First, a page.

In the example of FIG. 5, the fine pattern can be recognized as a 4×2 matrix. This 4×2 matrix has six different patterns, and thus six different fine settings. These six different fine patterns can now be repeated, by shifting the whole matrix along the PGA on a coarse grid (in this case, the coarse grid being units of 3×2 switches). Thus, an advantageous additional feature of the decoder is preventing large signal swings at the input of the attenuator from reaching the output of the PGA, by preventing glitches in the decoding logic that could be able to turn on switches near the input of the PGA.

The digital decoder can be made very efficiently, when taking advantage of the pattern note above. In FIG. 7, a possible architecture for the implementation of the digital selection algorithm is depicted. The architecture is primarily intended to yield a small area, while preventing glitches in the decoding logic that can turn on switches near the input of the PGA.

Glitches in the decoding logic that pass large input signals to the output of the PGA can be prevented by applying strobing circuits between the output of the logic and the control inputs of the switches. This method conventionally requires a large number of circuits between the outputs of the control logic and the input of the control switches, thereby severely degrading the area efficiency of the design. Using the approach described herein, by splitting up the decoding logic for the switches that perform the coarse control and those that perform fine control the amount of circuits required for the strobing can be decreased significantly. The coarse control of the switches can disable all switches not taking part in the interpolation. When this happens, the design can be considered free of large signals at the output.

In FIG. 7, for a MIPGA having 2N attenuation settings, an N bit digital word is split into a fine word of F bits and a coarse word of C bits. In fine selection logic 701, the F-bit fine word is translated into a fine selection matrix, similar to FIG. 6. It is obvious, that the fine encoding works most efficiently and elegantly when the total number of possible fine matrices is a power of 2. In that case every combination of F input bits can directly be translated into a fine matrix. When the number of ‘off’ switches that ripples through the ‘on’ switches is one, the number of useful variations of the fine matrix is equal to the number of switches that are ‘on’ in each step. From FIG. 6, it can be seen that six switches are ‘on’ in each step, and there are six useful variations of the fine matrix. A more efficient choice for the decoding logic is, for example, a 5=4 fine matrix in which 24=16 switches are ‘on’ in each step. Further taking a 9-bit MIPGA having 29=512 steps as an example, the numbers N, F, C and Q in FIG. 7 become: N=9, F=4, C=5, Q=20.

A first coarse selection block 702 takes in C input bits and sends the fine matrix via a multiplexer array 704 to the control inputs of the switches. In FIG. 7, U is the total number of switches on one side of the MIPGA, where it is assumed that control gates of switches on opposites sides of the MIPGA are switched ‘on’ and ‘off’ by the same signals, which would preferable in most cases.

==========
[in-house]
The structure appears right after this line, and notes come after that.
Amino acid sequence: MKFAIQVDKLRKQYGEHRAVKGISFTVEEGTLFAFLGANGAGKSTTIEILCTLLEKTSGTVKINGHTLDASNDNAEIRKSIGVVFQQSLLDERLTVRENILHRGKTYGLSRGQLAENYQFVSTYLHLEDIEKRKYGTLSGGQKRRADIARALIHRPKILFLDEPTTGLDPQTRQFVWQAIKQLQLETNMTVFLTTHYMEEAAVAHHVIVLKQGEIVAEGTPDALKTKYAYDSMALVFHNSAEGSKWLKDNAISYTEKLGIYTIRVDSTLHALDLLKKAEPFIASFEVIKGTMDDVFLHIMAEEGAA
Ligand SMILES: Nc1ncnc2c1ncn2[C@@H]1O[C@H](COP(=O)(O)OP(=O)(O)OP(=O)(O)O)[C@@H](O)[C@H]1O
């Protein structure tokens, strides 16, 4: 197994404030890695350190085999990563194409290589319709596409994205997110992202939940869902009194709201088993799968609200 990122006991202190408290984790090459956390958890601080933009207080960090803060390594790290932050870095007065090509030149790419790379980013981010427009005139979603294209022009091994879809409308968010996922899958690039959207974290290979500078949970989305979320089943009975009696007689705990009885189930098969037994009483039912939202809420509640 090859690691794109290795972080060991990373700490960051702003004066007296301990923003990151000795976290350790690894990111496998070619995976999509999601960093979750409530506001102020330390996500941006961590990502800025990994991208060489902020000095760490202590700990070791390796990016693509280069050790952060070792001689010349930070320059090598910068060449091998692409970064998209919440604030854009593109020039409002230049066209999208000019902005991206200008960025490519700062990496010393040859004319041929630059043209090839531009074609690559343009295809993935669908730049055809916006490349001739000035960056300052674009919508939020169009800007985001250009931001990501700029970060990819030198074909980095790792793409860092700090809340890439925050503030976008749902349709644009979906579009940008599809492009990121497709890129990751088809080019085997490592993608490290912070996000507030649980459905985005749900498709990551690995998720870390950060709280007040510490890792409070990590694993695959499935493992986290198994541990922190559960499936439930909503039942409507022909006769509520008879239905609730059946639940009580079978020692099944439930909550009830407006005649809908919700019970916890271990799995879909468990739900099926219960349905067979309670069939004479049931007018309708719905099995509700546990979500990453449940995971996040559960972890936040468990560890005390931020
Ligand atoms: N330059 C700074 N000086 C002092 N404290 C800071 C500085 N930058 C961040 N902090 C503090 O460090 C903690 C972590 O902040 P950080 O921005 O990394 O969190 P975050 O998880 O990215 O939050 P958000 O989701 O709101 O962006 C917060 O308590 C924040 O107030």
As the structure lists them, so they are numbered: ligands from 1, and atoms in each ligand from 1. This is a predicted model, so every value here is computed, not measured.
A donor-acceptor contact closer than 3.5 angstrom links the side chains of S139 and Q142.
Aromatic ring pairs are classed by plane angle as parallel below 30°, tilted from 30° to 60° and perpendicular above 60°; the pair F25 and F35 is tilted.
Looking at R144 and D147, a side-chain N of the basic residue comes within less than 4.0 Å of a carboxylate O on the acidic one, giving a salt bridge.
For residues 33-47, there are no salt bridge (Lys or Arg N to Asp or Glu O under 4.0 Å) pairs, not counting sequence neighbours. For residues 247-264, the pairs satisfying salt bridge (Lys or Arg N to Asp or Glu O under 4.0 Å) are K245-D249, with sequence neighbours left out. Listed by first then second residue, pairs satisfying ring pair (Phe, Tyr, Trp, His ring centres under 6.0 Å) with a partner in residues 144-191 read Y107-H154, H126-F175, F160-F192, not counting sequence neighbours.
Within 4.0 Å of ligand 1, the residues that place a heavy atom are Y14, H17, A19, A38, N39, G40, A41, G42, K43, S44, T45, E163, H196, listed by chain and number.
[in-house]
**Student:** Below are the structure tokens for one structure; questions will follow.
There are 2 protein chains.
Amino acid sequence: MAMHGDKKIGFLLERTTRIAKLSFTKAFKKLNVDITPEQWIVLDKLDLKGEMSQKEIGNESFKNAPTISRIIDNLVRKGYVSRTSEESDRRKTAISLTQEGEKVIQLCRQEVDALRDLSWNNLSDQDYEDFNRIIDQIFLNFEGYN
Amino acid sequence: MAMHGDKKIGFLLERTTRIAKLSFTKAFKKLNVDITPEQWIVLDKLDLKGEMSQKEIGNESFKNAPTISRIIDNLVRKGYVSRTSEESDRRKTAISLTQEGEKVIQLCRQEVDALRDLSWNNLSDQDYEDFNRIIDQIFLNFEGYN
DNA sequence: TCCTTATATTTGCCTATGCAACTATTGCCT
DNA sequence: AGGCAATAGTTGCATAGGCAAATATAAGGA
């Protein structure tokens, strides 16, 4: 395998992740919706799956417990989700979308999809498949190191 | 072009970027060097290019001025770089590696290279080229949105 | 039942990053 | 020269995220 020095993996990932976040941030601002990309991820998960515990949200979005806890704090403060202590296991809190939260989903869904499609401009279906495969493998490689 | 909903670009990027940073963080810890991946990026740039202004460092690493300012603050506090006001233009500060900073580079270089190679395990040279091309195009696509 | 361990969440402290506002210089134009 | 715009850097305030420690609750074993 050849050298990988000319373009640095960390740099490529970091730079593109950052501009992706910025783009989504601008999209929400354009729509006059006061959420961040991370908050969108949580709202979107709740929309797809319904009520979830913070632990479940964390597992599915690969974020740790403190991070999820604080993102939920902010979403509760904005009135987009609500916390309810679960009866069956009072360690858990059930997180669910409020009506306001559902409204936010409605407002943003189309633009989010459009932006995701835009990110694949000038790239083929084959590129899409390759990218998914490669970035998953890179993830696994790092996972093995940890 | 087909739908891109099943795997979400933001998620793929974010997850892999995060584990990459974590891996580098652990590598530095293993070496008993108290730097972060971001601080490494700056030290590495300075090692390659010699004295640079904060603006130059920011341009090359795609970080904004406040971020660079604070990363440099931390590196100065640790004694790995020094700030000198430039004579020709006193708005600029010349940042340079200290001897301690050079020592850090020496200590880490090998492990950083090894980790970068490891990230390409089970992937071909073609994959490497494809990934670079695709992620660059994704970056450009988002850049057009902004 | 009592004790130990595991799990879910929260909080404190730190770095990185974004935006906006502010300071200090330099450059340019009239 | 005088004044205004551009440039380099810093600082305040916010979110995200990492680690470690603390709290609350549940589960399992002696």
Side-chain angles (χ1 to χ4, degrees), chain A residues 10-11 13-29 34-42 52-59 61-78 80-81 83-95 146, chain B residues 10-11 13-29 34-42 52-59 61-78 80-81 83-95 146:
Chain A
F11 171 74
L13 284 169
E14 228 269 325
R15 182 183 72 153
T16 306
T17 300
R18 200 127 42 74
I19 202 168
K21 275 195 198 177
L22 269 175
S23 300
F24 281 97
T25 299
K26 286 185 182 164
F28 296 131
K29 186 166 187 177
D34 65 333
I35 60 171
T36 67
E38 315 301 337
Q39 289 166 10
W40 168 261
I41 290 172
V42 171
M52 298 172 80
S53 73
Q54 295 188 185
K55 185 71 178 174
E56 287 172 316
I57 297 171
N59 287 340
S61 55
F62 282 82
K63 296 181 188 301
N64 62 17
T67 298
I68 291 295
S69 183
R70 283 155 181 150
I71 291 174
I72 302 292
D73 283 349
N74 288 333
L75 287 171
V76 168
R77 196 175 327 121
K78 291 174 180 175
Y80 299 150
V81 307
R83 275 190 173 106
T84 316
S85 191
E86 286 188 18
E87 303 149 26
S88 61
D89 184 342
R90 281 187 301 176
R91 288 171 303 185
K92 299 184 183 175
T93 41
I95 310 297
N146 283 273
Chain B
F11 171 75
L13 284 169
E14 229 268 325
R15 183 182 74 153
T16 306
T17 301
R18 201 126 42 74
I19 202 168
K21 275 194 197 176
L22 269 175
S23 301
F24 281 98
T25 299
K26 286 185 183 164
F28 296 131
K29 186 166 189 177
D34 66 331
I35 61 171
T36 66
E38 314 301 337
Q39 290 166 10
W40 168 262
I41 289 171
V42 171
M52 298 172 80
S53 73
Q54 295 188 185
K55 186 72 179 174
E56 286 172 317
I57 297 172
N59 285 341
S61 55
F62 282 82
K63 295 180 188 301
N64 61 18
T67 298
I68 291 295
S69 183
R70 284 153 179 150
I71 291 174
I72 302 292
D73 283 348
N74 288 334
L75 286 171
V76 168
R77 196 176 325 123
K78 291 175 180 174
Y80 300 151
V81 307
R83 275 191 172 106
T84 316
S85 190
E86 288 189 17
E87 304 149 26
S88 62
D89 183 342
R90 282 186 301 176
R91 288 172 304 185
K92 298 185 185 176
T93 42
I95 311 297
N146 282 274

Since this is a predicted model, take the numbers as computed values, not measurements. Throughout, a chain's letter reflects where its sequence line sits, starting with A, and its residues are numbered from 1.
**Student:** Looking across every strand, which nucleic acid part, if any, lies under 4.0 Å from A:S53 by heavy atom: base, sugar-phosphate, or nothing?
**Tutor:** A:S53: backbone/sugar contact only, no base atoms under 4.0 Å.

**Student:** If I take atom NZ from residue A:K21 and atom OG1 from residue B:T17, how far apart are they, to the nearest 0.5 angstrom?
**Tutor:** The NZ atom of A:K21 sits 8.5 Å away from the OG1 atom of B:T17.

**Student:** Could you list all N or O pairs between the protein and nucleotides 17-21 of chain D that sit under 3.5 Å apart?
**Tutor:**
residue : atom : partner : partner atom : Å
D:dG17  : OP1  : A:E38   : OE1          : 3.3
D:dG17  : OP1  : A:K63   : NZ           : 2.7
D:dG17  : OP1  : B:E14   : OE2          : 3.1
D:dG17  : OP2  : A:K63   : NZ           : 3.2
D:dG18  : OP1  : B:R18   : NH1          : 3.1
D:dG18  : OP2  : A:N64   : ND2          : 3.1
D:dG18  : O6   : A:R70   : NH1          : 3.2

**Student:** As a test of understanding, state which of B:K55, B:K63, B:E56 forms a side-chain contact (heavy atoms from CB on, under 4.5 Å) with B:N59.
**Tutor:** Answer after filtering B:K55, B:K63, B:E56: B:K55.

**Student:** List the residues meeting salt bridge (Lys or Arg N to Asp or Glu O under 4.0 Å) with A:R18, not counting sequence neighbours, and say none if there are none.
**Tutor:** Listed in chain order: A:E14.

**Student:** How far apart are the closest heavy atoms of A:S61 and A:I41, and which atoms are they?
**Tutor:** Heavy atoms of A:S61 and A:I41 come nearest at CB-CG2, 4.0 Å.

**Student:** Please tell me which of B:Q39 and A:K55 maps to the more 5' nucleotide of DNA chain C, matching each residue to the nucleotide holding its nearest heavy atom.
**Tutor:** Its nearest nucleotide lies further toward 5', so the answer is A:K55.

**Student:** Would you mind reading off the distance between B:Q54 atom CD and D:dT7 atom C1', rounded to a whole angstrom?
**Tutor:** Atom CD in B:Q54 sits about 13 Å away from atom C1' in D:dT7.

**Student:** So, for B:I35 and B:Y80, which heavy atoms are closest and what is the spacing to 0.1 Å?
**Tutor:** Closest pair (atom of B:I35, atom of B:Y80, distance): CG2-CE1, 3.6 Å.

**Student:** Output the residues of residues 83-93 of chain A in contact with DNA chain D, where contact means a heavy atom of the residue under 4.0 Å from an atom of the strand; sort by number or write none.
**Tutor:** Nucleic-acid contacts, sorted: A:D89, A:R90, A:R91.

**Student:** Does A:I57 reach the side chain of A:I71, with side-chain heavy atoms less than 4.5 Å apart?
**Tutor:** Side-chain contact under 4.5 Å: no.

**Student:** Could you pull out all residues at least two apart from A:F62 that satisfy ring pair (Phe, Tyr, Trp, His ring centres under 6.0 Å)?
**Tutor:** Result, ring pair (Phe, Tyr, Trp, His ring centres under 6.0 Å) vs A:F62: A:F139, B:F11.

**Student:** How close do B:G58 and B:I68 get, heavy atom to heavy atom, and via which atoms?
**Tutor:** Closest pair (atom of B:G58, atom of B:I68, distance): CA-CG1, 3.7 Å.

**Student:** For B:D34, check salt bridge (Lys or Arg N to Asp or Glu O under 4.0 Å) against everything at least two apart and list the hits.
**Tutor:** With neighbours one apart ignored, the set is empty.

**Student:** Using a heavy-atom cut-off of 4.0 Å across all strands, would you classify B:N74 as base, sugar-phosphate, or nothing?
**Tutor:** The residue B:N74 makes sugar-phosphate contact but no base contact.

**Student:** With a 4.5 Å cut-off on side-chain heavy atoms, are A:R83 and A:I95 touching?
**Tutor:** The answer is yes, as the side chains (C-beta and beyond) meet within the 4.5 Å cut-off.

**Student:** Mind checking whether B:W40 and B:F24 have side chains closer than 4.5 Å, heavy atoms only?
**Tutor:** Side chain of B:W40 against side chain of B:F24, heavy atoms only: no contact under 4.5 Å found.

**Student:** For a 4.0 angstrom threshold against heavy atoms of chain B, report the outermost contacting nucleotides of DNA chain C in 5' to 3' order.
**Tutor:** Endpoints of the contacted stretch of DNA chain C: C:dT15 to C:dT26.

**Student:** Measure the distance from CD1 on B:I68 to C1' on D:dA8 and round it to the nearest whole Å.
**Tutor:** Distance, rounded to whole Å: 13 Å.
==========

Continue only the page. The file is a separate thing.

A second coarse selection block 703 switches ‘off’ all control signals that are kept undetermined by the multiplexer array. This block can disable all switches not taking part in the interpolation and thus prevent large signals at the input of the PGA from reaching the output of the PGA.

CONCLUSION

While various embodiments of the present invention have been described above, it should be understood that they have been presented by way of example, and not limitation. It will be apparent to persons skilled in the relevant art that various changes in form and detail can be made therein without departing from the spirit and scope of the invention.

Patent Citations
Cited PatentFiling datePublication dateApplicantTitle
US6175278May 26, 1999Jan 16, 2001Fuji Photo Film Co., Ltd.Variable gain amplifier circuit
US6472940 *Nov 13, 2000Oct 29, 2002Broadcom CorporationGigabit ethernet transceiver with analog front end
US6545620Feb 12, 2001Apr 8, 2003Koninklijke Philips Electronics N.V.Current-to-voltage converter with controllable gain, and signal processing circuit comprising such a converter
US7102428Mar 24, 2005Sep 5, 2006Broadcom CorporationLarge dynamic range programmable gain attenuator
US7135942Oct 29, 2003Nov 14, 2006Broadcom CorporationInterpolating programmable gain attenuator
US7242267Apr 23, 2004Jul 10, 2007Broadcom CorporationInterpolating programmable gain attenuator
Classifications
U.S. Classification333/81.00R, 330/284, 327/308
International ClassificationH01P1/22, H03H7/24
Cooperative ClassificationH03H11/245, H03H7/24
European ClassificationH03H7/24, H03H11/24A
Legal Events
DateCodeEventDescription
Jul 27, 2012FPAYFee payment
Year of fee payment: 4
Jul 9, 2007ASAssignment
Owner name: BROADCOM CORPORATION, CALIFORNIA
Free format text: ASSIGNMENT OF ASSIGNORS INTEREST;ASSIGNORS:WESTRA, JAN R.;MULDER, JAN;VAN DER GOES, FRANCISCUS MARIA LEONARDUS;REEL/FRAME:019592/0043
Effective date: 20040423